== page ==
New bareroot apple question

Hey everyone, another quick question about one of my Liberty bareroot apple trees. It has growth at a few different heights along the trunk, should I just leave the lower growth this year and potentially prune it next year? Or should I get rid of the lower growth now and hope it pushes out growth higher up?

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I’d leave it. Let all of the growth now go toward building new roots. Then prune in the spring. You don’t need to risk introducing disease this time of year either.

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interesting question. i have been trimming all woody growth off below the height where I want the scaffolds to start. Good question for Alan. A lot of aphids on top.

I think I’m leaning towards leaving the growth in the hopes that it strengthens the root system. Didn’t even notice the aphids, should I just brush them off by hand? Spray with soap/neem oil?

If you dont kill them, they will just climb back up. Need to kill them. I like dawn dish soap mixed with water in a hand sprayer for small nursery trees. Dawn suffocates the aphids and isnt harsh on the environment


I think the advice to leave them applies better to larger trees. I would pinch off the small suckers below the wire, just based on my experience growing out bench grafted apple trees, this kind summer pruning is essential to train a whip. Every week or two I go down the rows and pinch off all the lower growth, often there’s 2-3 new ones - the little tree is trying to grow into a bush and branch from every bud and sucker, and you want to direct energy to the top and maintain one trunk. Next year are you planning to top it and train some branches on the espalier or is that for support?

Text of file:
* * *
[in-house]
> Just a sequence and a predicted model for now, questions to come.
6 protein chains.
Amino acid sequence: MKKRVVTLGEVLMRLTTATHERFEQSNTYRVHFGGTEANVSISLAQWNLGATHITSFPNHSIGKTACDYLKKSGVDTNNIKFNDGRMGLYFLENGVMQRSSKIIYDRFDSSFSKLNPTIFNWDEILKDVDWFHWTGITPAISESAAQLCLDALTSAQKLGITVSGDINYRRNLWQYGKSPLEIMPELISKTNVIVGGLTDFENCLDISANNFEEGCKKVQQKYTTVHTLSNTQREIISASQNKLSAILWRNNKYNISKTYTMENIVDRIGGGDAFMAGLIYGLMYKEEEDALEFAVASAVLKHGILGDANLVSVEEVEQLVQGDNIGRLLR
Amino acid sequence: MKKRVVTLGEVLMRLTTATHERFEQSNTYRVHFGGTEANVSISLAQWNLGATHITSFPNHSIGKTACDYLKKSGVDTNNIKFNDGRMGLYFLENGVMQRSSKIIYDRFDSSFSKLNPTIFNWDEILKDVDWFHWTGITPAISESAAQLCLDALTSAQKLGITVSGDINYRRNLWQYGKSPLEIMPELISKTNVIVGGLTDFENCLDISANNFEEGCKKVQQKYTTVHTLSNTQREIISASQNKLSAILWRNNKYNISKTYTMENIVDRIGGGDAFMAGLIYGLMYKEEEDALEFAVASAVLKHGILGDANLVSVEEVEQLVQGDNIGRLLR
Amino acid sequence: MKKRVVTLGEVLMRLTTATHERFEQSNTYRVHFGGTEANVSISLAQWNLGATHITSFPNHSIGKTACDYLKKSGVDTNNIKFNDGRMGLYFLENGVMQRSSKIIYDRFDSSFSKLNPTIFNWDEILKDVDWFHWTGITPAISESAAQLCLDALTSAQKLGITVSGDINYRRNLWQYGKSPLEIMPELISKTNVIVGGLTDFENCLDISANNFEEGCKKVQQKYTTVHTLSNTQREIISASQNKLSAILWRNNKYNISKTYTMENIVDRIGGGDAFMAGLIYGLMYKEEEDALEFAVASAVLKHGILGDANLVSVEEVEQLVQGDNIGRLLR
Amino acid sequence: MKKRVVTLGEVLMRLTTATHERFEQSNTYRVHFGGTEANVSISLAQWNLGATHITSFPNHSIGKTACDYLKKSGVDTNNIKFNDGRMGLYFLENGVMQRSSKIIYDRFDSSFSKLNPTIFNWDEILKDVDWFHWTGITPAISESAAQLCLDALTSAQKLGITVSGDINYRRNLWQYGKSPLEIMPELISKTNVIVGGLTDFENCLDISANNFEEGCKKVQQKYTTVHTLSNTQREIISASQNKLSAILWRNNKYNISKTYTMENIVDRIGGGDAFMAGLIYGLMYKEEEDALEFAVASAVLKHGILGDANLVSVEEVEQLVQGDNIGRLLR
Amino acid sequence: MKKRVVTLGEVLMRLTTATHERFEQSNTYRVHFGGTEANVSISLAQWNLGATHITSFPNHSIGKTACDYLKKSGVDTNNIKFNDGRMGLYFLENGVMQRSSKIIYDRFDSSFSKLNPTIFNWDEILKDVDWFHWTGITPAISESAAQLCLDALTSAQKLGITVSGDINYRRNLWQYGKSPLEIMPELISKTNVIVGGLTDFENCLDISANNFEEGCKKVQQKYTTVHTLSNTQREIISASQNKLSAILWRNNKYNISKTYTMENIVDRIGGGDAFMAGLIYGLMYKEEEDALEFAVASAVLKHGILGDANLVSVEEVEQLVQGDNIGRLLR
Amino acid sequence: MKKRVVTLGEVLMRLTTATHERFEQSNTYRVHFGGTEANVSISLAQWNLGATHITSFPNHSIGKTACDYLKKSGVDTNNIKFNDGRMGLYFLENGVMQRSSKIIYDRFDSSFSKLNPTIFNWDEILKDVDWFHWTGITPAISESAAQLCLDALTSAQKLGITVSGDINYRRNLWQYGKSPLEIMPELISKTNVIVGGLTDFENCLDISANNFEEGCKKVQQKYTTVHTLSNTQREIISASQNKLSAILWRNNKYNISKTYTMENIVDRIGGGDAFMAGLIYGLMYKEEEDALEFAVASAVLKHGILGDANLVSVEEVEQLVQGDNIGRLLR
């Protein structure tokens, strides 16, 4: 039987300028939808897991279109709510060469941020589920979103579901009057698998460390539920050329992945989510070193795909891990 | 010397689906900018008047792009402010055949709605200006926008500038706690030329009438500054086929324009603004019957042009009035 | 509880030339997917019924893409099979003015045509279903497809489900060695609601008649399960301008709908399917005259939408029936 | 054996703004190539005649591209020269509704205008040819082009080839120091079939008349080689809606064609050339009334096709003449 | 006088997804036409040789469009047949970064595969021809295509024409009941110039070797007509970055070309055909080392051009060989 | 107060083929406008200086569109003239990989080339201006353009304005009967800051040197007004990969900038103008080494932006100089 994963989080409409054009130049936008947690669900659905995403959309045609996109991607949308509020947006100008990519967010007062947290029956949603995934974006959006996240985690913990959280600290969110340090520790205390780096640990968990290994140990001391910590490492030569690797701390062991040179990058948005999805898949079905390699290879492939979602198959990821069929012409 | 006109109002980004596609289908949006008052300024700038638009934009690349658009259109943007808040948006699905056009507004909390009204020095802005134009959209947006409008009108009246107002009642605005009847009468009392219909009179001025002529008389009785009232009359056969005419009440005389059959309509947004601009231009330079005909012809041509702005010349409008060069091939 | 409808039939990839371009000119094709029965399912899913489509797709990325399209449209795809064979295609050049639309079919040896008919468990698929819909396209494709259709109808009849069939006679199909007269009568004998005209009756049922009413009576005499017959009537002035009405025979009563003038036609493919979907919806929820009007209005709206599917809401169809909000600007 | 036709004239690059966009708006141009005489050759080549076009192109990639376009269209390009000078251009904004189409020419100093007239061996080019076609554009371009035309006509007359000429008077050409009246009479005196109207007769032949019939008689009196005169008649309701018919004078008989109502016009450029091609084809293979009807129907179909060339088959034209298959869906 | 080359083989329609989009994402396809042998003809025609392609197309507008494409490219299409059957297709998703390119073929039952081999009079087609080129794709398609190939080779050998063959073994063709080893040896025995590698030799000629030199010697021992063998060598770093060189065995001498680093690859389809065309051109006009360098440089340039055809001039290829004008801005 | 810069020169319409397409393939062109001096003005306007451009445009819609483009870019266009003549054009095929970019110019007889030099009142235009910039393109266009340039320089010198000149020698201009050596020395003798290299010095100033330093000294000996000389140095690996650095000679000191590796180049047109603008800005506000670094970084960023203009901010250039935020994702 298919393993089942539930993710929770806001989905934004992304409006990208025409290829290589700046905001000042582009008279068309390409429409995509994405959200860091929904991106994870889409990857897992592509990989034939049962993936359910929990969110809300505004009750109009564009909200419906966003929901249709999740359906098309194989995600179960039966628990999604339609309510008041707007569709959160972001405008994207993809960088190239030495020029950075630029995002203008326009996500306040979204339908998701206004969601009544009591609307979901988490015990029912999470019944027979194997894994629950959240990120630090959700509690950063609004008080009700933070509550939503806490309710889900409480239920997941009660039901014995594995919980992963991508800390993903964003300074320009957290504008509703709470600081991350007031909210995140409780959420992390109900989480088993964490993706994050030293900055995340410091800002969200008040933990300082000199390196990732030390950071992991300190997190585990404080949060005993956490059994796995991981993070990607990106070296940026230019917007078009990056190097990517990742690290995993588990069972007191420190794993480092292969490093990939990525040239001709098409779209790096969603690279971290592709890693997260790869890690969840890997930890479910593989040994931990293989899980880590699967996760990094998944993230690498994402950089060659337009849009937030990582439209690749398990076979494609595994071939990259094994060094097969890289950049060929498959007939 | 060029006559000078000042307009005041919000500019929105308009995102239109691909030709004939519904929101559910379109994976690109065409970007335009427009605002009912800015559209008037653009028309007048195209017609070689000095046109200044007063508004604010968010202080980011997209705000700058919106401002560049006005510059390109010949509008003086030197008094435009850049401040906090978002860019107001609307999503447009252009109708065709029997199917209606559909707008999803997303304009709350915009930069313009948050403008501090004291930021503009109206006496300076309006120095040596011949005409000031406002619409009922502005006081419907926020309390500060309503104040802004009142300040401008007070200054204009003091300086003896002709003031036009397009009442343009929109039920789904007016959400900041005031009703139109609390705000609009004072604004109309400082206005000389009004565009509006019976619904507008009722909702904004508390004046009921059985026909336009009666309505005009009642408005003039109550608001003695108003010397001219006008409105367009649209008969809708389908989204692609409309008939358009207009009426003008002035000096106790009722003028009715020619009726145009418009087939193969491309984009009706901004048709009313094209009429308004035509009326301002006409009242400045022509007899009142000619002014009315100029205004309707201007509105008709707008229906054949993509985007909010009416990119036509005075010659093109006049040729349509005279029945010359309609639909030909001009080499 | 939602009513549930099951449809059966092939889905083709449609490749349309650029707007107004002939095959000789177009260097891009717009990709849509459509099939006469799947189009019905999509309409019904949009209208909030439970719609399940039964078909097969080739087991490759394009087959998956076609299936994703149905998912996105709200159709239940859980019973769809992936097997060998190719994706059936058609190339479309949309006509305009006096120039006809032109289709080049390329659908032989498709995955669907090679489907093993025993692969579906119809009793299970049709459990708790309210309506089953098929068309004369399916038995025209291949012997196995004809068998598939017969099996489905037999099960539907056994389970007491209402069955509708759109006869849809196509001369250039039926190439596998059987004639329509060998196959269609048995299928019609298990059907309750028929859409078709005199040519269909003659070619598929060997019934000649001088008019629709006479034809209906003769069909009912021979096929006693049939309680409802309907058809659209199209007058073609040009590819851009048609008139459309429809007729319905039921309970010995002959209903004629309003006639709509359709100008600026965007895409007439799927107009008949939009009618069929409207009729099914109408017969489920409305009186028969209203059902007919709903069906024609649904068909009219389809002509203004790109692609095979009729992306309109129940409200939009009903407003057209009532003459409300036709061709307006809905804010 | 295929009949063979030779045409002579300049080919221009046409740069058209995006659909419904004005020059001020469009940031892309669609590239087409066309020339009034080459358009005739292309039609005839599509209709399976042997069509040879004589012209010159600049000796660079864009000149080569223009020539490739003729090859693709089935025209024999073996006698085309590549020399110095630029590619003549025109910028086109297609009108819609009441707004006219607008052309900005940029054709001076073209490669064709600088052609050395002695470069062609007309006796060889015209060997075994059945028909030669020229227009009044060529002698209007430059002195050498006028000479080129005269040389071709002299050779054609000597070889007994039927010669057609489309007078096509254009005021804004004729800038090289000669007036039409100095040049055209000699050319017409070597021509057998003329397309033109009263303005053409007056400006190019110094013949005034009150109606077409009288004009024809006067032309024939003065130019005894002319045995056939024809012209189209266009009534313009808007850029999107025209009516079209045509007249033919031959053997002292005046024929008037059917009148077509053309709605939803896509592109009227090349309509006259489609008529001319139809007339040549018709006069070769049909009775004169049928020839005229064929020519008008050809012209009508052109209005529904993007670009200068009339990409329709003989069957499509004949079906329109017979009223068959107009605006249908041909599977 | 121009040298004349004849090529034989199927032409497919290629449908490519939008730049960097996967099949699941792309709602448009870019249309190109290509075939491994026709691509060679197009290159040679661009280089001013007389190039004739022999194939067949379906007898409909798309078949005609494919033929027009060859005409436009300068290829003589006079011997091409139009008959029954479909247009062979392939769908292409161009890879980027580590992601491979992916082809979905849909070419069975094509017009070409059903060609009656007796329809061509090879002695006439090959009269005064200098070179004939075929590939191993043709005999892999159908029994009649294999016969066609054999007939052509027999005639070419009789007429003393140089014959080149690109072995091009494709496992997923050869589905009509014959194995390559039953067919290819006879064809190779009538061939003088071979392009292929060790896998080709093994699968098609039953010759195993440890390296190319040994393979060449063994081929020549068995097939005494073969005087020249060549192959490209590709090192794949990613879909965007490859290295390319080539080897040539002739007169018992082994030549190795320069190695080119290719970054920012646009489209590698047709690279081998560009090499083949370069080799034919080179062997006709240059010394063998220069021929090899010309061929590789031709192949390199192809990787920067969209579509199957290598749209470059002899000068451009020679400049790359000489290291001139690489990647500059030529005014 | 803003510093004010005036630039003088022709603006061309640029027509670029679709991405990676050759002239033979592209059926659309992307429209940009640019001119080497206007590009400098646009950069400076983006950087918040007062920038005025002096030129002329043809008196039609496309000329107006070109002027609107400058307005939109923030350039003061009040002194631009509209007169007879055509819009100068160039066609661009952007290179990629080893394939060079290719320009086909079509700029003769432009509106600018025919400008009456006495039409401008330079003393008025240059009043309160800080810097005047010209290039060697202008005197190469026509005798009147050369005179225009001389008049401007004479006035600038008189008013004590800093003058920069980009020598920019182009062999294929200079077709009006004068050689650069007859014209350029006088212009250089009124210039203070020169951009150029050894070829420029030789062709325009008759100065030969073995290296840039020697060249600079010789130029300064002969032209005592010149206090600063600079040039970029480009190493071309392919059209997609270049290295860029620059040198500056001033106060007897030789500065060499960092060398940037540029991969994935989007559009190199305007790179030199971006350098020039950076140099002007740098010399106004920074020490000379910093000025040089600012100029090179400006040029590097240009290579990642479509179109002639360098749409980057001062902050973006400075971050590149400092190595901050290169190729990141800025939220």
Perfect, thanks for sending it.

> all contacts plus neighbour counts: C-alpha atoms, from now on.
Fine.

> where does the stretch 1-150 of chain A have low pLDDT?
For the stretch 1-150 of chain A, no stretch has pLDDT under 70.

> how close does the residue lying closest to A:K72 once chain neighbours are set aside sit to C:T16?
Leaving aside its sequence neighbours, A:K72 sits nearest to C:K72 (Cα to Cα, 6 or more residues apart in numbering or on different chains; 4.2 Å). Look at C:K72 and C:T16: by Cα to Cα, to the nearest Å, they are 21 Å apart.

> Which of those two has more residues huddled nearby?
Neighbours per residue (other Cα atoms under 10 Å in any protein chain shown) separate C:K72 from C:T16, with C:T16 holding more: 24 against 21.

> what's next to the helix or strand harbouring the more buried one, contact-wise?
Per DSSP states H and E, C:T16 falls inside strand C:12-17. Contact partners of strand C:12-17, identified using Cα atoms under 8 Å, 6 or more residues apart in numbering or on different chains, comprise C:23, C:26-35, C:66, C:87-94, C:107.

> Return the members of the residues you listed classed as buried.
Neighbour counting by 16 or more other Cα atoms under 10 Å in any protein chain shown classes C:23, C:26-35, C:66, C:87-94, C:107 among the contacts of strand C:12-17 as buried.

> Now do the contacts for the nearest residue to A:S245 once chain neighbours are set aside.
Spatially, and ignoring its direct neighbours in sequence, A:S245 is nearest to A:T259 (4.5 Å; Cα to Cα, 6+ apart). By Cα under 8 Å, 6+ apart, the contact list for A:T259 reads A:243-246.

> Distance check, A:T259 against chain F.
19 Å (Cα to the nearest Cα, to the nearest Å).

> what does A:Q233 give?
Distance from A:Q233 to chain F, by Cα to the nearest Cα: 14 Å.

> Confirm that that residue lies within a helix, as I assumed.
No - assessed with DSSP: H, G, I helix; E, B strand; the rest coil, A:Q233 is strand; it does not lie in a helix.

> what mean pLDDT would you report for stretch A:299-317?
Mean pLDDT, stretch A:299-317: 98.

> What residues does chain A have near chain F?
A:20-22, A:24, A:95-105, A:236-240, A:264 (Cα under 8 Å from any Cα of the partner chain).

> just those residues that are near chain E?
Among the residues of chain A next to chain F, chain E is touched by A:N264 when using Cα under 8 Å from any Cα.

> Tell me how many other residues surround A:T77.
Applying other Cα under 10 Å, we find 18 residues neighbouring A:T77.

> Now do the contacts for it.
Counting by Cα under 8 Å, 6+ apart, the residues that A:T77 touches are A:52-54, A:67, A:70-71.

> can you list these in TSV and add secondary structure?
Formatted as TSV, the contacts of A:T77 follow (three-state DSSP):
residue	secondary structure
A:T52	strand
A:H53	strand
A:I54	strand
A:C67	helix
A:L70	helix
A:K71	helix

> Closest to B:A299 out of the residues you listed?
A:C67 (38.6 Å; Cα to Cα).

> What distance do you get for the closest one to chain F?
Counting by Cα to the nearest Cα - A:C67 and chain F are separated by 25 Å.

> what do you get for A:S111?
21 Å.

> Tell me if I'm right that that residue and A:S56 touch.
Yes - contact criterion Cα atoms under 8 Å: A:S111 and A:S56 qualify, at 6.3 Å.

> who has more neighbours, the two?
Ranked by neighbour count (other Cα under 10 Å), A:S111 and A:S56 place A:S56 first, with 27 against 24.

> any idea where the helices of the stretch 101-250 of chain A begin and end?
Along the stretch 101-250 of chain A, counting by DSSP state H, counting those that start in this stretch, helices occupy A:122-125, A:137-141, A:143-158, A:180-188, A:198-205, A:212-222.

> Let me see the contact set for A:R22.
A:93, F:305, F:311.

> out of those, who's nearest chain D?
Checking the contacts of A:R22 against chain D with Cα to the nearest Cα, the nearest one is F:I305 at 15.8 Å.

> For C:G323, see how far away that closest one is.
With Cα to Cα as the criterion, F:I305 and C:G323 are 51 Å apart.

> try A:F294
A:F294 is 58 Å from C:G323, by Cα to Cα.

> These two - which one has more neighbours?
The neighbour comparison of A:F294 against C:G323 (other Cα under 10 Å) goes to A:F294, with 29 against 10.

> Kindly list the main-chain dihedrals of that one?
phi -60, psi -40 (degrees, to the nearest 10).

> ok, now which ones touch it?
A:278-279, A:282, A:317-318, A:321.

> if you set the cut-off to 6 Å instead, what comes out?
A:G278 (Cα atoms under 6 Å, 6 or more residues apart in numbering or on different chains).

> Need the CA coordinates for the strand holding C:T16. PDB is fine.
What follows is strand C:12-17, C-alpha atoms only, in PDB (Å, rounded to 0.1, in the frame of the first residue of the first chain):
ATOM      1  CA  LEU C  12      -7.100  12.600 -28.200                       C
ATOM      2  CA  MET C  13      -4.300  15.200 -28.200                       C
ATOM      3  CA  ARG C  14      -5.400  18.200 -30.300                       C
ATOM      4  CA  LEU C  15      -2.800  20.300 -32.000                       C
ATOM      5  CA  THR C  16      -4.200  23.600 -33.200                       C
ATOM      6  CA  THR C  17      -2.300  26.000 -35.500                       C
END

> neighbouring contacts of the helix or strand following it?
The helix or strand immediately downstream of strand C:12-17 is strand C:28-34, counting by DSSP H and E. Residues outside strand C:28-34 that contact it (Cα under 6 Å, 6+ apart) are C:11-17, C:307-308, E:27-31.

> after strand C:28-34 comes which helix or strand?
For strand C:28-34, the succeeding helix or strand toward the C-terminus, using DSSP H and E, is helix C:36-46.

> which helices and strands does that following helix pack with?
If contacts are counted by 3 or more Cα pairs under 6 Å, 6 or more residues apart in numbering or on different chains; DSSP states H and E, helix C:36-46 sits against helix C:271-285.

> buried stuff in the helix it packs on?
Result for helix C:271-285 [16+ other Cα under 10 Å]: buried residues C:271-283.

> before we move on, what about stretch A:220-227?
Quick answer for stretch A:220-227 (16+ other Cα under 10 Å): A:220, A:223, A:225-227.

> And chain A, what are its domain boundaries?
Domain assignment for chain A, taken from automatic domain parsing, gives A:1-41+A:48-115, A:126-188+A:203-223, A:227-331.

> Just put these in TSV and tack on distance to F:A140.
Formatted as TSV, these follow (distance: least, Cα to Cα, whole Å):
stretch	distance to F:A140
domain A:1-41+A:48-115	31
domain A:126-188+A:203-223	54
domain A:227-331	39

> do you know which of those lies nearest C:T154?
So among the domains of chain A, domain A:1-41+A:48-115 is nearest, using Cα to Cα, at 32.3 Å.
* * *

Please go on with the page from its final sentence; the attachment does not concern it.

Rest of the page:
Sorry I’m kinda misunderstanding your post, I don’t have a wire in that photo/against the tree. I’m planning on picking 3 or 4 main scaffold branches and keeping the tree short (but right now there’s just that one bud growing on the top of the trunk, the rest are really close to the ground). I’ll try to get a better picture from a different angle…

Same tree

I would leave the lower tiny branches be for now in case something happens to the top one and to provide additional photosynthesis for the tree. Take them off later in the Summer or during the Winter. The top branch is twice as thick and clearly showing dominance. You can top the new leader in the Winter or just leave it be probably and get a bunch of scaffold branches on next year’s growth.

The aphids you can just gently remove by hand (or smush into the leaves). Slightly soapy water, neem spray, or a labeled insecticide also work. Aphids are kind of a crappy insect. You can see them, they don’t bite/sting, and they’re killed by nearly everything. It’s only when there’s a ton of them and/or you can’t reach them that they’re hard to deal with. I’ve picked them off a couple new trees’ new growth this year. They were only a hassle on a gooseberry with over a dozen new growth points (and smaller more curled up leaves, plus crazy thorns). The trees I held off on spraying with anything and after a two weeks I started seeing ladybugs and not seeing new aphid infestations. (edit: And I figured the “wait on ladybugs” people were huge liars in bed with Big Organic™, but it actually happened.)